Apple PROM board, MEA/Apple TTY emulation update

The SCELBI PROM board is working fine and I was able to create a small program in the editor and execute pass one of the assembler with MEA. I can’t completely assemble a program and run it until I get the cassette interface built and operating. Pass two of the assembler writes the output to cassette tape. I’ll have to hold up doing a video until I can get the complete package going. My impressions of the MEA package are quite positive. It’s not as elegant as later software you might be more used to. However, considering the time frame it was made and the platform is the 8008, it’s a pretty nice package.

SCELBI PROM and extra SRAM boards cost $50 each and are available now. This recent work also confirms that the TTY board is working fine and those are available for $30.

I’ve been using an Apple IIe in 80 column mode with a bit-banged serial serial card to act as TTY emulator. However there are a couple of fairly significant issues that need to be solved before publishing this teletype replacement solution. It’s usable for me, but there are some problems. The two issues with my current Apple II TTY emulation solution are:

  • 1)The Apple II isn’t fast enough to scroll it’s screen at the same time it’s receiving data in a bit banged mode. It drops a few bits from the next character while scrolling the screen. This means that I’ll need to come up with a special designed card to support 110baud current loop with a UART. Since I’m doing a new card, I’ll consider figuring out how to add paper tape support and possibly printer support, as well.
  • 2) In 80 column mode, the screen driver doesn’t support carriage return, without also doing a line feed. In other words, you can’t move the cursor backwards to position 0 on the same line, like a real TTY would when it receives a CR. I’ll have to look into a software fix for this, but it might take sending the cursor to home and then moving it back down to the correct position on the page or something like that.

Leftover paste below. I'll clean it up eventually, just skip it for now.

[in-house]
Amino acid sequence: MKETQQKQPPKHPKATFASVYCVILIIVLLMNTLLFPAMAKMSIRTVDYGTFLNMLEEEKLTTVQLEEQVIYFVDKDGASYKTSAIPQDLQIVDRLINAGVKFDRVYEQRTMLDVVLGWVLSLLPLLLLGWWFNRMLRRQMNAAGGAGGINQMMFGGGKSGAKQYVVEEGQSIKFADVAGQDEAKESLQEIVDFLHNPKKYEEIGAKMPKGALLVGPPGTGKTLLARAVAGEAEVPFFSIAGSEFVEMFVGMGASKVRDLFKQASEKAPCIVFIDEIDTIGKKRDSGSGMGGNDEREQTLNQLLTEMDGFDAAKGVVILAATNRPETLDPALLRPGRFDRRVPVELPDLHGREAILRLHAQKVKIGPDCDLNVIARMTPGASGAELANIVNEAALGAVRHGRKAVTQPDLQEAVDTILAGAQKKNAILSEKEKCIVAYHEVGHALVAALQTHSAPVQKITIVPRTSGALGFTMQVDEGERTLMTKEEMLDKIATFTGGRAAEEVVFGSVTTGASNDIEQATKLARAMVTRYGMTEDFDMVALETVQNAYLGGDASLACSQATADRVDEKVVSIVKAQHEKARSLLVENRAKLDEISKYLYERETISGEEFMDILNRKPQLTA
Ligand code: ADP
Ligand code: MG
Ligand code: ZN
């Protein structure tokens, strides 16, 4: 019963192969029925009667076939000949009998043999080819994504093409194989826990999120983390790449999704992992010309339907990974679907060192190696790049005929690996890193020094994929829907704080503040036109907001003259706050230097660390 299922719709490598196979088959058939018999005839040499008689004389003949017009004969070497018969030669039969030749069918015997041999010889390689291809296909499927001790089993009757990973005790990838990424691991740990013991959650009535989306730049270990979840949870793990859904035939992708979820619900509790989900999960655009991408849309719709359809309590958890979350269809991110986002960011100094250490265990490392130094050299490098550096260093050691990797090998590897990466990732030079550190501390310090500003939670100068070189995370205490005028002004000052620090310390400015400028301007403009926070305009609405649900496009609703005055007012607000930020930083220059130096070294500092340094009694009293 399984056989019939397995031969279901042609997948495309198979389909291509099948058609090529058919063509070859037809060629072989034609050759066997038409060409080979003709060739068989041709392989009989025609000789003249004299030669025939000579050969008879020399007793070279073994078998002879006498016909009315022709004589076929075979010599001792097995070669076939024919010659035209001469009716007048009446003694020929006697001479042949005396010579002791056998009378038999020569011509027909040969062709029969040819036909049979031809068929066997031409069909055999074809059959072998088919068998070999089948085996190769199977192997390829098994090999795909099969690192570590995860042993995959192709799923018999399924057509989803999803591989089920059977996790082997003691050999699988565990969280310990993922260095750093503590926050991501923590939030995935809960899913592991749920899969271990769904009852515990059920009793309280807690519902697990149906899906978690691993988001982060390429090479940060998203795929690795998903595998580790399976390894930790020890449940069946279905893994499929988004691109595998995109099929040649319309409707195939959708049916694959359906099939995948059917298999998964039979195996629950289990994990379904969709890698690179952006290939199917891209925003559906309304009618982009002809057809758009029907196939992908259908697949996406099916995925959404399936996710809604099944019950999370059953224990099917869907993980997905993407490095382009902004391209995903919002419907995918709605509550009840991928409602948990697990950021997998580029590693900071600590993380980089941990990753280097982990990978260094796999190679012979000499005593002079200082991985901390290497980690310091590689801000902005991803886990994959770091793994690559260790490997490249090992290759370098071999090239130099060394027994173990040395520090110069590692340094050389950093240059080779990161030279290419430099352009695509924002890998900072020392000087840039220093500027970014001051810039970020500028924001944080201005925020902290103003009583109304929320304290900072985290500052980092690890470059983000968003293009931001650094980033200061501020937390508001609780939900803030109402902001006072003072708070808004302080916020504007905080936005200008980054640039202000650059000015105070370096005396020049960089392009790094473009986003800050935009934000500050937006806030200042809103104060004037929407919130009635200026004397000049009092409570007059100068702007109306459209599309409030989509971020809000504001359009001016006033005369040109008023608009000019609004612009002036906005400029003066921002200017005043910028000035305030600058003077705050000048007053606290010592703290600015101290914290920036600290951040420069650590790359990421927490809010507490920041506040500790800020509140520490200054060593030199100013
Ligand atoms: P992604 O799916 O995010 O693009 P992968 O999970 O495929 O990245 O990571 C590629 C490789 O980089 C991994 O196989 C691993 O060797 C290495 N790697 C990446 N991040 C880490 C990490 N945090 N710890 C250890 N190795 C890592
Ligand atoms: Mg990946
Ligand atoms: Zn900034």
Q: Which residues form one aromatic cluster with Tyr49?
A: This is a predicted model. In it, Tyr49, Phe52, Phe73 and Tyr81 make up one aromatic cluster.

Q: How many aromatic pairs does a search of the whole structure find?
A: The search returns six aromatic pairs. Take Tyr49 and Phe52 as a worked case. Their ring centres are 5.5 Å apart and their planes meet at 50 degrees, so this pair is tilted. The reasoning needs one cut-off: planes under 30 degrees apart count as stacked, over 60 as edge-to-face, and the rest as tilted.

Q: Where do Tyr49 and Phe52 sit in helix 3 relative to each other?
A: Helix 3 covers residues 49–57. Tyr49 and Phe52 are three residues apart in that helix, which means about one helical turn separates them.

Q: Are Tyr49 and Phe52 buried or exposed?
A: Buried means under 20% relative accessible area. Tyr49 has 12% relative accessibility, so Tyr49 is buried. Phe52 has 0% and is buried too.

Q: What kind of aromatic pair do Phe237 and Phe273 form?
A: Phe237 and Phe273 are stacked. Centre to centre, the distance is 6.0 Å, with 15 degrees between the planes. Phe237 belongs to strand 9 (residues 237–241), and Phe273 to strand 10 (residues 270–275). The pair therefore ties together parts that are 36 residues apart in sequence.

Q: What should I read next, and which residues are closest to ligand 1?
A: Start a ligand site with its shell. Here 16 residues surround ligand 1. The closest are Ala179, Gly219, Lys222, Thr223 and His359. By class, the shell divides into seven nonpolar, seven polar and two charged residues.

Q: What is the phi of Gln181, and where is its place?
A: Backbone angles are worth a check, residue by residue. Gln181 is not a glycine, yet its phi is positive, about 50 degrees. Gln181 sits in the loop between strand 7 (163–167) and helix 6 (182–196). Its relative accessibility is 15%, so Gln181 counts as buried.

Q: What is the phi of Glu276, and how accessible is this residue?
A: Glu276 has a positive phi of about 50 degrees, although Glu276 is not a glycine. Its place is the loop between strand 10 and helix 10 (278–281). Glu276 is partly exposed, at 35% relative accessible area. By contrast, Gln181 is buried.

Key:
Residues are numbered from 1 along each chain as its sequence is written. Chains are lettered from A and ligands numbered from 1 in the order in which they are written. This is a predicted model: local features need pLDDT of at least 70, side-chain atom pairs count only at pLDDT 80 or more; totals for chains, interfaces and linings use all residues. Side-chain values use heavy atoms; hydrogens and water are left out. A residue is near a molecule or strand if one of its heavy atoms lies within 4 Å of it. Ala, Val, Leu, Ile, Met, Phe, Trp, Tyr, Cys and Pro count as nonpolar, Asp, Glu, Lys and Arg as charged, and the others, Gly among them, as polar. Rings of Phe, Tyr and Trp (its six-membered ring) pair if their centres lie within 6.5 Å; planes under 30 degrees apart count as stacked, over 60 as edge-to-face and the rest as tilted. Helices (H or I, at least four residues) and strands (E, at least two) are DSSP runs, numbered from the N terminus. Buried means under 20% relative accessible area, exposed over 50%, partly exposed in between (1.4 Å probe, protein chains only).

• SCELBI running MEA

    SCELBI running MEA

    This image shows the Apple IIe acting as a TTY for the SCLEBI 8B on the left. The screen contains a small program entered with the MEA editor. The listing of the program at the top of the screen has two extra lines at the end. The “D 000 006,000 007” is an editor command that deletes lines 6 and 7. The “L” command lists the text buffer. The last two commands “P1” and “P2” are pass 1 and pass 2 of the assembler. Pass 1 shows no errors. Pass 2 writes results to cassette tape. Since the cassette isn’t installed in my system it actually does nothing. If I had a tape, pass 3 would read the object back into the system so it could be executed.

    The “E”s on the left side of the screen should be the first character of the next line, but the Apple IIe can’t scroll fast enough to be ready to receive the first character of the new line, so it receives a partial character.

    4 Responses to “Apple PROM board, MEA/Apple TTY emulation update”

    1. D Finnigan says:

      Try making the Apple II text window shorter by two lines and see if you still lose data.

    2. Mike says:

      Nice idea, reducing the window size, will reduce amount of data to scroll, speeding up the system.

    3. barrym95838 says:

      Yeah, Woz wrote the scroll routine for compactness and flexibility, not speed. If you find that you can avoid dropping characters by narrowing or shortening your text window, you could wedge your own COUT with a custom quick-scroll routine using a BLOAD, two POKES and a CALL. I did something similar back in the day with a Hi-Res COUT for my ][+ that allowed bold-face, italic, and underlining, inspired by Bob Bishop’s AppleVision code. My Hi-Res scroll routine was naturally kind of slow, because I was moving almost 8K at a time, but for the text screen you could do something like:
      ldy #$27
      lda $480,y
      sta $400,y
      lda $500,y
      sta $480,y
      lda $580,y
      sta $500,y

      lda $7d0,y
      sta $750,y
      lda #$a0
      sta $7d0,y
      bpl SCR2

      This method is hard-coded for a 40 by 24 screen, but is significantly faster than the monitor ROM routine because it doesn’t check for window boundaries or make any calls to VTAB.


    4. […] previous post showed how I attempted to connect the SCELBI TTY to an Apple IIe with an old serial card that […]